The platform collects and analyses customer data, starting from an assessment of the customer’s web perimeter. It then searches the deep and dark web for possible data leaks and, finally, reviews vulnerabilities in IT infrastructure. Results are then analysed through a proprietary algorithm that leads to the development of an IT risk insurance policy and an IT security report that can be shared with the customer and used to address the challenges faced.

Obviously, it depends on how big the customer is because the biggest companies do not need assistance in this area, generally speaking. It is more for the middle and upper-middle markets, which really value the analysis and related specialist service providers that can help particularly with a post-breach situation.

[AL]: Can you tell us a bit more about what you are developing for customers and brokers in the critical area of global programmes?

[PR]: We are doing some basics to make us more attractive and easier to use for multinational programmes business. We are investing in an engine specifically for multinational programmes that will improve our capability in this increasingly important area. We will shortly be launching a client portal for our multinational clients, which is an important step. At the same time, we are investing to broaden our proposition by lines of business, specifically in financial lines.

This is not a simple challenge because you must be able to deliver a product, in D&O for example, in more than 100 countries, and you have to ensure that the policies are fit for purpose in each country. This takes considerable investment because you can’t just take an English language policy and translate it. Asia and Africa have completely different legal systems to the UK and US, so this requires a lot of legal work. It is the same for professional liability.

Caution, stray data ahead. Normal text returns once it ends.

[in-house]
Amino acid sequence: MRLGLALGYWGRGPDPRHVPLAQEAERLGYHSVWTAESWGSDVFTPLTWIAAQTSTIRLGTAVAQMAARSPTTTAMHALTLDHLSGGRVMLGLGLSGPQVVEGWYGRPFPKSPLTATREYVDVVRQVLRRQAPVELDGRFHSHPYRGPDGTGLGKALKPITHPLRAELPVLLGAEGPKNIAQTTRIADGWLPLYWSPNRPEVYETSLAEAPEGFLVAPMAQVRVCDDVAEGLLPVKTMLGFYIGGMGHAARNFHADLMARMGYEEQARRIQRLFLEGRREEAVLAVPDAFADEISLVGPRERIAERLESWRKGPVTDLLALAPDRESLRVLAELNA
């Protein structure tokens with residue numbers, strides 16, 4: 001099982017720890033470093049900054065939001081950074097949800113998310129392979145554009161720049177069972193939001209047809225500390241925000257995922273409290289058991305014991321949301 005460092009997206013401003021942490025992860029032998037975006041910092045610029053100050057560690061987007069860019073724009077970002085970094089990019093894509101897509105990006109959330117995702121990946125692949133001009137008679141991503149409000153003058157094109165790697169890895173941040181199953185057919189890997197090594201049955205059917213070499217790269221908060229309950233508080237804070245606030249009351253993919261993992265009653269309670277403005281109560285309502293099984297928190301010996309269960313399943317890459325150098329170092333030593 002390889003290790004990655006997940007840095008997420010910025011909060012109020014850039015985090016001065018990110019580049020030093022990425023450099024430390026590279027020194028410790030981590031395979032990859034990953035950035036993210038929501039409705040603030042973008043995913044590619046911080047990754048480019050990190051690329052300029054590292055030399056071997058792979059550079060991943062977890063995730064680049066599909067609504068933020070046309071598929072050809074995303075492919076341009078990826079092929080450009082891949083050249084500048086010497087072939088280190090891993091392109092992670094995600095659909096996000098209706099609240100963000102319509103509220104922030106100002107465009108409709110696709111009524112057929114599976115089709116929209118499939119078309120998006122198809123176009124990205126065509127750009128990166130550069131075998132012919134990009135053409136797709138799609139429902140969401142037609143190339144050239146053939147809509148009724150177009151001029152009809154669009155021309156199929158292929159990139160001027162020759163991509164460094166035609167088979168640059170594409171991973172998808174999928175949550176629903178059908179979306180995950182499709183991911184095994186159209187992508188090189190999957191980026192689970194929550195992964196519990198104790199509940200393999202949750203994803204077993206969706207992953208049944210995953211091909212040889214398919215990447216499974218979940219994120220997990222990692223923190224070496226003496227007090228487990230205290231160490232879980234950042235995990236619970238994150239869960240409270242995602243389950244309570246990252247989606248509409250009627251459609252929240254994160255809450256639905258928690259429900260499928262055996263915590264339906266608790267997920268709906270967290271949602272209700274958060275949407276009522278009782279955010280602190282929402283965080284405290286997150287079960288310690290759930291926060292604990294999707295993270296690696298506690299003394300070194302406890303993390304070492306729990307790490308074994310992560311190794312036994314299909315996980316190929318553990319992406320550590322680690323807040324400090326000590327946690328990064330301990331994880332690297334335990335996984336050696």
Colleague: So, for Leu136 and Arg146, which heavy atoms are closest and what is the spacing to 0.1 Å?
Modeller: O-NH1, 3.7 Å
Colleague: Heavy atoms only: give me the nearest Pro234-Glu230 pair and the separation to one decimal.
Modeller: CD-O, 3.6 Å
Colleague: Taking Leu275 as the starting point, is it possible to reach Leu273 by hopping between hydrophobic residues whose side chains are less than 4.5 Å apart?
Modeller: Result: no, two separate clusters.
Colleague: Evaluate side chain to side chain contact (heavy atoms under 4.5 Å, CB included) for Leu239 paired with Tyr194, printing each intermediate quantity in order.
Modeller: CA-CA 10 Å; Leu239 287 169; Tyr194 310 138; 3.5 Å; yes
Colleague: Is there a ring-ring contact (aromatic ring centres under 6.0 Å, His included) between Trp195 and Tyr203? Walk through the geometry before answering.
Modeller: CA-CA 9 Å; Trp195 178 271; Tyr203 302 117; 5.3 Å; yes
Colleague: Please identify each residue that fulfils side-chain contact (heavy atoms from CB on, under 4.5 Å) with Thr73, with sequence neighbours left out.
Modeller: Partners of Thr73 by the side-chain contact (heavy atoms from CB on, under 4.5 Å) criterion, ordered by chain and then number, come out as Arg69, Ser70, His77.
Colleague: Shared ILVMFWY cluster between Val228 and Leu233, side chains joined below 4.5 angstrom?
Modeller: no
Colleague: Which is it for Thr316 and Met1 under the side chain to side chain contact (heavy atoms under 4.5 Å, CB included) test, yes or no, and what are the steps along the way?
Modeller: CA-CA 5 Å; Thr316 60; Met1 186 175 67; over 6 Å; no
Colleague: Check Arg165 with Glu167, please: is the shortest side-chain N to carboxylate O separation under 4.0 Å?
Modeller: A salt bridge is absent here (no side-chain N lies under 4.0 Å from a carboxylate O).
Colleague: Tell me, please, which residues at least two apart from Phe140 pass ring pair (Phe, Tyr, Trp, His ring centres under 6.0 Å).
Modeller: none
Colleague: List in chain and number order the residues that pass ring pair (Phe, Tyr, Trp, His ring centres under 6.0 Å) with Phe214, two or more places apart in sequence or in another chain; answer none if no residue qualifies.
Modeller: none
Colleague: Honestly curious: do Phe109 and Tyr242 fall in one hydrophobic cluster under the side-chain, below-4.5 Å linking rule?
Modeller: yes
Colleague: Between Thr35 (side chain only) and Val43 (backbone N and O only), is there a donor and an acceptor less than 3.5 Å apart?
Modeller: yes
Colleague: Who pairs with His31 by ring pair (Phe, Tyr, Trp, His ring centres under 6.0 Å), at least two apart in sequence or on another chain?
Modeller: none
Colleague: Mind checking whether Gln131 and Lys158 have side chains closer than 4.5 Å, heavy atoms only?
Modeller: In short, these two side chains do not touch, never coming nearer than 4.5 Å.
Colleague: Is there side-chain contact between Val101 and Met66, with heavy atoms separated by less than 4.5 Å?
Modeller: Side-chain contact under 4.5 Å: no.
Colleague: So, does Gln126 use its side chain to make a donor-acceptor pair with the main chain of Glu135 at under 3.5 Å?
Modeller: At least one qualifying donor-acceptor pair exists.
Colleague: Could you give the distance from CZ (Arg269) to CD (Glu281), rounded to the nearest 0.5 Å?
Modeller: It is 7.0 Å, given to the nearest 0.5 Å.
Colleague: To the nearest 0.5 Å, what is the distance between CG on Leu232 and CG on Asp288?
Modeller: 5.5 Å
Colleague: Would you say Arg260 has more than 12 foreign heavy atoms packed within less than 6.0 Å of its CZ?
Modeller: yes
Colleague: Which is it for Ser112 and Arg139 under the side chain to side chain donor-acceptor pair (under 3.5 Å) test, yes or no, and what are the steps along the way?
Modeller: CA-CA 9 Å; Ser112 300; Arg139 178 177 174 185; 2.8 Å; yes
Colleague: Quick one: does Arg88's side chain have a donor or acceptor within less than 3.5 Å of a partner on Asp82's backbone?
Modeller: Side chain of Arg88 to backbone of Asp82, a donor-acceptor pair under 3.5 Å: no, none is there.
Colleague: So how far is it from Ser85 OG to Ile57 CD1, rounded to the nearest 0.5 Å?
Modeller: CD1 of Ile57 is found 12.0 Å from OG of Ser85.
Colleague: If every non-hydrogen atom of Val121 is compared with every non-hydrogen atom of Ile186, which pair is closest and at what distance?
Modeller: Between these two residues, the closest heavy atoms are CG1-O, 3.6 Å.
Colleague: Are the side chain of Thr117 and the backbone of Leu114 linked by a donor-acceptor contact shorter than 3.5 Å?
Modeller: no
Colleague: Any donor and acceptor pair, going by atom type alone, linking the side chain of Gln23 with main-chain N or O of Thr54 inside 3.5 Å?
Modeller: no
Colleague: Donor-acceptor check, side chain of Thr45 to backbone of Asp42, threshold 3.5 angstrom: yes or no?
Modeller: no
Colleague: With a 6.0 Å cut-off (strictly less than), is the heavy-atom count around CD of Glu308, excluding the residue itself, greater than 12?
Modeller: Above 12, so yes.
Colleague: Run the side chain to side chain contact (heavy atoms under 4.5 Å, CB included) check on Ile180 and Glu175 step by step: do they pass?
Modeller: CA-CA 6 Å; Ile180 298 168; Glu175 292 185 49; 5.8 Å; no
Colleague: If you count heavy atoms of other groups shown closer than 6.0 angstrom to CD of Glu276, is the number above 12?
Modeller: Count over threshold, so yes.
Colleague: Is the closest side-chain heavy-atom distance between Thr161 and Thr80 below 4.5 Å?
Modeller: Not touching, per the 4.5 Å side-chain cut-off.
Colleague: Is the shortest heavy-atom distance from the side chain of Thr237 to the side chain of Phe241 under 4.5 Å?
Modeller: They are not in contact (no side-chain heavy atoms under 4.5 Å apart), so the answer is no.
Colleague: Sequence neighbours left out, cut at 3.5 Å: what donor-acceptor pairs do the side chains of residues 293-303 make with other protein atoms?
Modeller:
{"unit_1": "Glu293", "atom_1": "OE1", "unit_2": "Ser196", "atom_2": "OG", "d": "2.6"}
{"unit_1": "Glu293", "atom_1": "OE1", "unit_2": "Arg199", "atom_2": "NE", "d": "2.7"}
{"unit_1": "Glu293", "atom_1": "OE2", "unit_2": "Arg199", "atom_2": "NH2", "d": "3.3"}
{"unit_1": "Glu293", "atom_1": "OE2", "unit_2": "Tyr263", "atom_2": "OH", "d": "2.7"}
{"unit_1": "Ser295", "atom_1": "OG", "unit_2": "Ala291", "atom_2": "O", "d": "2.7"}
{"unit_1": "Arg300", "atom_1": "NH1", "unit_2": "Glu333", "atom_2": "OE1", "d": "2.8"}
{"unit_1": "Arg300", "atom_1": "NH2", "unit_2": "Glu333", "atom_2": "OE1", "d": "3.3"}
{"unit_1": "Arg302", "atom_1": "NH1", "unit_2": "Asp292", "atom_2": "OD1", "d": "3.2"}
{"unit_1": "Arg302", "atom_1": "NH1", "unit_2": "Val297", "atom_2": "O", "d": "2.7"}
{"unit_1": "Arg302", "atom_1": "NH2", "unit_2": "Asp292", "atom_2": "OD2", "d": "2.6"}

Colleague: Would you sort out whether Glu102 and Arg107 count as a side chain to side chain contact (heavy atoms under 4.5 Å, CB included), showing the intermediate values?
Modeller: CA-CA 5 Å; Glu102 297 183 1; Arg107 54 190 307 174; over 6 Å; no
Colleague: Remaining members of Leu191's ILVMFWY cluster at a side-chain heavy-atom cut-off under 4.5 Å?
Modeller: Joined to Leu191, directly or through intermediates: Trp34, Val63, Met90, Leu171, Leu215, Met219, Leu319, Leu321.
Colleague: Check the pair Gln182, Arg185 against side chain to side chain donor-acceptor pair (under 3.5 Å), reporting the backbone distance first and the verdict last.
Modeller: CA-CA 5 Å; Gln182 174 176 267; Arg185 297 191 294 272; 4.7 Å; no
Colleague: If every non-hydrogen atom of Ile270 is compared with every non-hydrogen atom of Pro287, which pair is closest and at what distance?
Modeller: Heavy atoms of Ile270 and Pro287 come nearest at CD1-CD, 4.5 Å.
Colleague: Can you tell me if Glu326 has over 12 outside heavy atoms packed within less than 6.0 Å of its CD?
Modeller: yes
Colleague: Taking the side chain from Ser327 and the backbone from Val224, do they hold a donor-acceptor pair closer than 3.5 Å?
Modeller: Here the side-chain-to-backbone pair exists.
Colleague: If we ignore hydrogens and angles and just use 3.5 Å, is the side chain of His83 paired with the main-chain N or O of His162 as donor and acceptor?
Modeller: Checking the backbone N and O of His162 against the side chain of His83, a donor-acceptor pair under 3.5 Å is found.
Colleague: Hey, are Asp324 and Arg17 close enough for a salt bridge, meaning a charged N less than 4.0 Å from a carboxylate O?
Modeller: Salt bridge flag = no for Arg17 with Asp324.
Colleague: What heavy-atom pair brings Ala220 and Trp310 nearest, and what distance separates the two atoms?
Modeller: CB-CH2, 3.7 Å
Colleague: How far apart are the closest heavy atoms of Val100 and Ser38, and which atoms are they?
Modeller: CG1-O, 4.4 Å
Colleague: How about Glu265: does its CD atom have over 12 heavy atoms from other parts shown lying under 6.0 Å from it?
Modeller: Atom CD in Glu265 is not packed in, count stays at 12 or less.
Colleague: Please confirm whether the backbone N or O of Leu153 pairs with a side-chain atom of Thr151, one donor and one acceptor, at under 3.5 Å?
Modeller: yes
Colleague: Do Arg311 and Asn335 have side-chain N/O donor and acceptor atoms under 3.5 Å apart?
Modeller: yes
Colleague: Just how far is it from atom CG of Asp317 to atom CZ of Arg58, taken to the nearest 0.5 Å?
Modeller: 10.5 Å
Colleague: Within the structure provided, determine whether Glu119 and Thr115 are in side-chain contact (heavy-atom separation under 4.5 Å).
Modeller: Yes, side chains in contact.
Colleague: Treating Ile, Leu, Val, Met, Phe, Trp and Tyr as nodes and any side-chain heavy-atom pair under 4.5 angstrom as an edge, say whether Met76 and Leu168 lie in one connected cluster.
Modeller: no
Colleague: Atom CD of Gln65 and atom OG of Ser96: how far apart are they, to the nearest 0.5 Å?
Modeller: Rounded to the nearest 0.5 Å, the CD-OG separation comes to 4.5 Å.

[AL]: What do customers need from their insurer in the complex world of global programmes to make them really work?

[PR]: They need and want a seamless process from policy negotiation to issuance. You need the ability to report back on claims and overall trends in a transparent and speedy manner. This is particularly important for claims, in which risk managers want to see progress of the claim.

Preparation is important in this respect. You ideally need to prepare ahead of time so that it all works smoothly when the claim occurs. To help focus on the areas that really matter, GC&C has created a client advisory counsel. Clients involved in this have been very vocal about the generally cumbersome and slow speed of the process, and consistency in the market. We have worked directly and closely with customers to overcome these problems and it is bearing fruit.

[AL]: Have you taken any specific measures in this important area to improve the claims process?

[PR]: As part of this, we rolled out our ‘claims boutique’ approach. This details in-depth what will happen in the event of a loss, who to contact and where, and who has the mandate. This has been very much appreciated. Also, three years ago we launched a Net Promoter Score system that basically gets feedback from clients on their level of claims satisfaction. This method tells us what the pain points are that we need to address, and obviously helps raise the value we can offer.